If you're older or have concerns about brain health, consider an allergy medication other than diphenhydramine. In addition to the medications above, topical nasal sprays and allergy shots are available by prescription and can also help alleviate symptoms. As always, it's a good idea to discuss your options with a medical professional.


  1. 1. Schroeck JL, Ford J, Conway EL et al. (2016) Review of Safety and Efficacy of Sleep Medicines in Older Adults. Clin There 38, 2340-2372.
  2. Gray SL, Anderson ML, Dublin S et al. (2015) Cumulative use of strong anticholinergics and incident dementia: a prospective cohort study. JAMA Intern Med 175, 401-407.
  3. Diphenhydramine. Drugs.com.
  4. Kay GG, Schwartz HI, Wingertzahn MA et al. (2016) Next-day residual effects of gabapentin, diphenhydramine, and triazolam on simulated driving performance in healthy volunteers: a phase 3, randomized, double-blind, placebo-controlled, crossover trial. Hum Psychopharmacol 31, 217-226.
  5. Kay GG, Berman B, Mockoviak SH et al. (1997) Initial and steady-state effects of diphenhydramine and loratadine on sedation, cognition, mood, and psychomotor performance. Arch Intern Med 157, 2350-2356.
  6. Papassotiropoulos A, Gerhards C, Heck A et al. (2013) Human genome-guided identification of memory-modulating drugs. Proc Natl Acad Sci U S A 110, E4369-4374.
  7. Katz IR, Sands LP, Bilker W et al. (1998) Identification of medications that cause cognitive impairment in older people: the case of oxybutynin chloride. J Am Geriatr Soc 46, 8-13.
  8. Sands L, Katz IR, DiFilippo S et al. (1997) Identification of drug-related cognitive impairment in older individuals. Challenge studies with diphenhydramine. Am J Geriatr Psychiatry 5, 156-166.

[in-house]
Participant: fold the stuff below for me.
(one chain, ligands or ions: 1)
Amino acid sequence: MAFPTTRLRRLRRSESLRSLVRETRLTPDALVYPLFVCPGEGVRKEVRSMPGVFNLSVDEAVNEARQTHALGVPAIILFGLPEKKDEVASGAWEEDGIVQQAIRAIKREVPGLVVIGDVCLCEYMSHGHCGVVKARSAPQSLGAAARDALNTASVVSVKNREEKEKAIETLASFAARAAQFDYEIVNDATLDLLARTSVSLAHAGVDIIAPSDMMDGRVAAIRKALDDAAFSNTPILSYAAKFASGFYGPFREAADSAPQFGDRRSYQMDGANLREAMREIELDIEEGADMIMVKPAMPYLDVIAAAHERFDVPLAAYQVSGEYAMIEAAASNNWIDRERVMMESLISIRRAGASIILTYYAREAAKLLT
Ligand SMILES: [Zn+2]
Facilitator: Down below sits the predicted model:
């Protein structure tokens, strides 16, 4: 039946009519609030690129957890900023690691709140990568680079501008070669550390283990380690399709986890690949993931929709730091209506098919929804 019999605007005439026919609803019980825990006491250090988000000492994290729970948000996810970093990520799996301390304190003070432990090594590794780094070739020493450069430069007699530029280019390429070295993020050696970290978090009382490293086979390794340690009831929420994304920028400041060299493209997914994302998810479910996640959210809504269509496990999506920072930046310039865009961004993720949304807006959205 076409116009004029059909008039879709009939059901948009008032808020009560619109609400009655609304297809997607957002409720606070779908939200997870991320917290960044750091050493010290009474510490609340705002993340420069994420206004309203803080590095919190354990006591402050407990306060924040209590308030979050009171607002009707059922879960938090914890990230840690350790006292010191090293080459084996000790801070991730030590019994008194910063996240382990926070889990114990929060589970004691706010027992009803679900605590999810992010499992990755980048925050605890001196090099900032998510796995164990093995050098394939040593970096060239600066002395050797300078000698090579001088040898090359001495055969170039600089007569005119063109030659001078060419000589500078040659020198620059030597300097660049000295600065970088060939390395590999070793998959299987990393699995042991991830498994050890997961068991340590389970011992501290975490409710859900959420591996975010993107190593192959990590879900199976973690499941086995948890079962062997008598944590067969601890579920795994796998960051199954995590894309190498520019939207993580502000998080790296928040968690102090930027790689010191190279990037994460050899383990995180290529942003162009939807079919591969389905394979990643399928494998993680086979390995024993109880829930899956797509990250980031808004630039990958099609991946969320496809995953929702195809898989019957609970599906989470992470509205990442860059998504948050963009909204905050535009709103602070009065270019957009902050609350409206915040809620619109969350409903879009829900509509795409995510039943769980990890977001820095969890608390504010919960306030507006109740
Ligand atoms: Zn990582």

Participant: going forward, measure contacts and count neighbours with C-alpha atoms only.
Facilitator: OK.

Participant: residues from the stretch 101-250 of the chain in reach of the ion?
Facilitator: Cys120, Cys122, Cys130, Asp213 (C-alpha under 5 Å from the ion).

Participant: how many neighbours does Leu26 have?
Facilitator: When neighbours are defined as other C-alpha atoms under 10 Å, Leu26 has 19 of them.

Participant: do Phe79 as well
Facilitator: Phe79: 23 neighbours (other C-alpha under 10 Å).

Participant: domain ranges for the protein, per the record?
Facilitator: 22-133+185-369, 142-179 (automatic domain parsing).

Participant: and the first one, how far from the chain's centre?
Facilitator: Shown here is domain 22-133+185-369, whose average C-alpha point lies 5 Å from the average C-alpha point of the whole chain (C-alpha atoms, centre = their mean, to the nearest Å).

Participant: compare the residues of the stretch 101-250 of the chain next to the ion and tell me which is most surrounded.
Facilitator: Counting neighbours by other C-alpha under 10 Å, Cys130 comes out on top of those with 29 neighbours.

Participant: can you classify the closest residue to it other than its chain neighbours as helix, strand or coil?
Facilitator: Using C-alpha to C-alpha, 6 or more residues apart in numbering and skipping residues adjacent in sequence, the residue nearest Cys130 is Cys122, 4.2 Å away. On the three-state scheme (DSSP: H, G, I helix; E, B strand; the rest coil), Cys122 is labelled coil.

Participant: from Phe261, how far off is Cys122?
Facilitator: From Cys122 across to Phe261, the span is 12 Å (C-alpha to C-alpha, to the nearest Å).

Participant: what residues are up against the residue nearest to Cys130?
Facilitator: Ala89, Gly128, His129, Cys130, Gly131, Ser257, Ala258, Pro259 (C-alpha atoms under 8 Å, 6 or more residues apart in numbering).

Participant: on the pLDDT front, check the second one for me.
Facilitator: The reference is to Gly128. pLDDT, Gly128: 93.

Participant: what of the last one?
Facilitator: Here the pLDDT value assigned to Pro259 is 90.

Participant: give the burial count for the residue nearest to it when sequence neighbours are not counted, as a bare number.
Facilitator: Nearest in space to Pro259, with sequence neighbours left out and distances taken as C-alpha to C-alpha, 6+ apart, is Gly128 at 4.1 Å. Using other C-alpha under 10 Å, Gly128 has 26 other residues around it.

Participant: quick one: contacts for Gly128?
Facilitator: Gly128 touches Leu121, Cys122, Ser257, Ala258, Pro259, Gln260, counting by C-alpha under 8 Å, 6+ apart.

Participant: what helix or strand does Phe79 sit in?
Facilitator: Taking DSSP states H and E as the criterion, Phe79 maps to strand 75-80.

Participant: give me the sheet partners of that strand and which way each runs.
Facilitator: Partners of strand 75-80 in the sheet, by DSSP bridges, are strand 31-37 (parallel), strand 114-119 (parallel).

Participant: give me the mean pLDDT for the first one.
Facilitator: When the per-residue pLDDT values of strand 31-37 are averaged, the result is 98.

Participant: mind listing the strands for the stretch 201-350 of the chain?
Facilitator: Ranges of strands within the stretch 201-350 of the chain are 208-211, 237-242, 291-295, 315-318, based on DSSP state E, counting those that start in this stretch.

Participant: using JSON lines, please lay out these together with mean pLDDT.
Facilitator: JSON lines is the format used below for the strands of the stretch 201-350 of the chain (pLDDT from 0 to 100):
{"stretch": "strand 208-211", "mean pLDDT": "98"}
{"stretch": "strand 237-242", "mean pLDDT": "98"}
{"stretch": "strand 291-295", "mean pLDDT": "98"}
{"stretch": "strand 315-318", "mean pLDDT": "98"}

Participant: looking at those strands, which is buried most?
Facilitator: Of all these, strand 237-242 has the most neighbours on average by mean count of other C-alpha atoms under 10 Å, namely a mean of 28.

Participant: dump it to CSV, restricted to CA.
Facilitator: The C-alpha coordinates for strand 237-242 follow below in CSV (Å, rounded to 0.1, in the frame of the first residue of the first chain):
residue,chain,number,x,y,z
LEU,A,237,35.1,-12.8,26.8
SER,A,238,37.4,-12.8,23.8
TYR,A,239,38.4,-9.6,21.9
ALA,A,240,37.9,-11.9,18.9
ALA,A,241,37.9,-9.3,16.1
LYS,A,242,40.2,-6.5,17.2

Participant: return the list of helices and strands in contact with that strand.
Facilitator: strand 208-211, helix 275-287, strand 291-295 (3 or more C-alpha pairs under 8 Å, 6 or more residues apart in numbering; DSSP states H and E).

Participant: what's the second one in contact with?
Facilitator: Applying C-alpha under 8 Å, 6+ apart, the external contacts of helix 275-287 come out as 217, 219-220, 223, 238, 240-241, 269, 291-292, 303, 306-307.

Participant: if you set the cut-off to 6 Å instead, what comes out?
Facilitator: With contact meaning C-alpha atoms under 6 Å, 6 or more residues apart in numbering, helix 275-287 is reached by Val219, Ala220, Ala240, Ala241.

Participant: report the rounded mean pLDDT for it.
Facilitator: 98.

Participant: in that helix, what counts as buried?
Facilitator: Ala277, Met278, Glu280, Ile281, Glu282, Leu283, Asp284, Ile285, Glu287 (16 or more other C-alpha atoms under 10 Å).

9. Agostini JV, Leo-Summers LS, Inouye SK (2001) Cognitive and other adverse effects of diphenhydramine use in hospitalized older patients. Arch Intern Med 161, 2091-2097.
  10. (2015) Potentially Inappropriate Medication Use in Older Adults 2015. HealthAging.org.
  11. Spangler DL, Brunton S (2006) Efficacy and central nervous system impairment of newer-generation prescription antihistamines in seasonal allergic rhinitis. South Med J 99, 593-599.
  12. Bender BG, Berning S, Dudden R et al. (2003) Sedation and performance impairment of diphenhydramine and second-generation antihistamines: a meta-analysis. J Allergy Clin Immunol 111, 770-776.
  13. Wilken JA, Kane RL, Ellis AK et al. (2003) A comparison of the effect of diphenhydramine and desloratadine on vigilance and cognitive function during treatment of ragweed-induced allergic rhinitis. Ann Allergy Asthma Immunol 91, 375-385.
  14. Mansfield L, Mendoza C, Flores J et al. (2003) Effects of fexofenadine, diphenhydramine, and placebo on performance of the test of variables of attention (TOVA). Ann Allergy Asthma Immunol 90, 554-559.
  15. Bower EA, Moore JL, Moss M et al. (2003) The effects of single-dose fexofenadine, diphenhydramine, and placebo on cognitive performance in flight personnel. Aviat Space Environ Med 74, 145-152.

Yuko Hara, PhD, is Director of Aging and Alzheimer's Prevention at the Alzheimer's Drug Discovery Foundation. Dr. Hara was previously an Assistant Professor in Neuroscience at the Icahn School of Medicine at Mount Sinai, where she remains an adjunct faculty member. Her research focused on brain aging, specifically how estrogens and reproductive aging influence the aging brain's synapses and mitochondria. She earned a doctorate in neurology and neuroscience at Weill Graduate School of Medical Sciences of Cornell University and a bachelor's degree in biology from Cornell University, with additional study at Keio University in Japan. Dr. Hara has authored numerous peer-reviewed publications, including articles in PNAS and Journal of Neuroscience.